Do You Know ? Mus­lim Women: 7 Things That Might Sur­prise You

The Miracle - - Women World - Dr. Moyra Dale

They’re Not So Dif­fer­ent

Mus­lim women are one of the most talked-about groups in the world. Yet most of Mus­lim women I know are very dif­fer­ent from the stereo­types. It should be ob­vi­ous, yet Mus­lim women are of­ten pre­sented as dif­fer­ent, ex­otic, or even a sym­bol of back­ward­ness. A Mid­dle East­ern sec­ondary teacher urged me, “Tell women in the West that Mus­lim women are like them, in their fam­ily and com­mu­nity, their life and work. There are ed­u­cated Mus­lim women, doc­tors, lawyers, teach­ers, work­ers—we’re all the same.” Per­son­ally, I find our com­mon fe­male­ness gives me a shared bond with Mus­lim women ev­ery­where. I’ve had some great times hang­ing out with Mus­lim friends and en­joy be­ing with them. In the west you see women sit­ting to­gether in cof­fee shops, lean­ing for­ward, in­tently lis­ten­ing, talk­ing about re­la­tion­ships, fam­ily, clothes and cook­ing. Mus­lim women talk about ex­actly the same things when they get to­gether. It’s a com­mon lan­guage of women world-wide. I at­tended a mosque women’s pro­gram in the Mid­dle East for a cou­ple of years, and much of the con­tent was sim­i­lar to what I’d hear from women in many church dis­cus­sions— bring­ing up chil­dren and tak­ing time for prayer and read­ing (their) scrip­tures. They also talked about how to live godly lives in the pres­sure of the world, or with spouses, who weren’t re­li­gious.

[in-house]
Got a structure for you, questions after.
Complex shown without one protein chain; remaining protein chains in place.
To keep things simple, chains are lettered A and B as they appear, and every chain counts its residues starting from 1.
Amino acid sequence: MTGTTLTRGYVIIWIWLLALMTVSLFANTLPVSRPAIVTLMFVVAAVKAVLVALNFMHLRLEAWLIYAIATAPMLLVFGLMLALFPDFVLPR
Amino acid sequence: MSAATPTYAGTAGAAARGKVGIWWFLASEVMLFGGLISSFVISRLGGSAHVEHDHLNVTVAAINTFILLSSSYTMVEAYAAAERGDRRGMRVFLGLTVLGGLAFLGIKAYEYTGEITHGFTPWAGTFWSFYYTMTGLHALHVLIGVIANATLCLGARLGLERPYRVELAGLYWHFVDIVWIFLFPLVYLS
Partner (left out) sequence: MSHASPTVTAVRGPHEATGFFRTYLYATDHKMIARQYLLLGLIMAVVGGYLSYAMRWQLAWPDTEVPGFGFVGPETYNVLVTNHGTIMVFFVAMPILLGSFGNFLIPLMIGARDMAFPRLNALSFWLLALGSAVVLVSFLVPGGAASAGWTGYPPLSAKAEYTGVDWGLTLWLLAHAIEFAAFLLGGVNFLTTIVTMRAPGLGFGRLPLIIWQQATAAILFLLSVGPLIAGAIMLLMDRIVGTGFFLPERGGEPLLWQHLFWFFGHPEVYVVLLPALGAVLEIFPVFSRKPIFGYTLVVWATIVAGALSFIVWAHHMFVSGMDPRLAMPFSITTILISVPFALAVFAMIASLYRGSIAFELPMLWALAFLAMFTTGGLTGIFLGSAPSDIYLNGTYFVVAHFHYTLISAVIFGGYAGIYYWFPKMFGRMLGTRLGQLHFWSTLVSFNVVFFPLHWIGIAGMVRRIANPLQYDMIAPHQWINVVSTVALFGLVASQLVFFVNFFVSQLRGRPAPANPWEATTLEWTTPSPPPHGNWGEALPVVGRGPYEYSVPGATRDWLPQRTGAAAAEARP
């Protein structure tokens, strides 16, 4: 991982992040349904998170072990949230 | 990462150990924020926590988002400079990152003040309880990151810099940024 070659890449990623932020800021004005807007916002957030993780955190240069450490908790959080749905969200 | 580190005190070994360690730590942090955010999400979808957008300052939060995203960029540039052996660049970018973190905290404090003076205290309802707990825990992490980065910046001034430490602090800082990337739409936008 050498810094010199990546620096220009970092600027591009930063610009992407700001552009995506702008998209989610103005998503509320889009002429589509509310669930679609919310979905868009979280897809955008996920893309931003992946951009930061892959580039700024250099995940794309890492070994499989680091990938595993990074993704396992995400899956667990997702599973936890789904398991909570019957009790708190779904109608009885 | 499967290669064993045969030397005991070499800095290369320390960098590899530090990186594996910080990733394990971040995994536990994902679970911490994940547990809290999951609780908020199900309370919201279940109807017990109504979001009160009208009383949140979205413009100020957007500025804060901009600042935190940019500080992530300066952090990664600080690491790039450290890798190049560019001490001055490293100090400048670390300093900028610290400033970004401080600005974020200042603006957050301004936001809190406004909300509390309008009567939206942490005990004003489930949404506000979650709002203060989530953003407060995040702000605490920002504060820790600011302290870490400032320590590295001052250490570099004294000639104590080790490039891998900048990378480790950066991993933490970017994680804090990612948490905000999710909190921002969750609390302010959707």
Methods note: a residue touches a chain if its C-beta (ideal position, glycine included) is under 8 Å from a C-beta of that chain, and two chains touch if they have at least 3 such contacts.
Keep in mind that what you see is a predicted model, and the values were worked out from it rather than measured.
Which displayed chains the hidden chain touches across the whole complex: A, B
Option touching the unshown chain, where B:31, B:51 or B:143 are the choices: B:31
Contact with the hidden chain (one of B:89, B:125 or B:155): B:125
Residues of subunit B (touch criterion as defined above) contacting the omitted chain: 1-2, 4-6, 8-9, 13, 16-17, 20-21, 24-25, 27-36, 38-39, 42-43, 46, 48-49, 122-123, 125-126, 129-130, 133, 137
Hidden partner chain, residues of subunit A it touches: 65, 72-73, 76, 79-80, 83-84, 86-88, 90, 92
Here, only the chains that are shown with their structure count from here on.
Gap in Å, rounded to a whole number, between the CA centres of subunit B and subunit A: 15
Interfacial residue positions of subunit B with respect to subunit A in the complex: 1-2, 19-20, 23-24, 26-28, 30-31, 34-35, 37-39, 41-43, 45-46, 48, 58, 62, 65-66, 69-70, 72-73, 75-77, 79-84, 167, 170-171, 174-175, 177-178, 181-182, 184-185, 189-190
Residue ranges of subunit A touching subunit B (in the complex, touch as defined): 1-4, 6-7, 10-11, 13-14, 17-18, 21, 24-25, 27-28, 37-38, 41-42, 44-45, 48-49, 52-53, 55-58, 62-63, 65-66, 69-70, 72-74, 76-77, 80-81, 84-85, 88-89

A Sense of Fash­ion Might be In­her­ent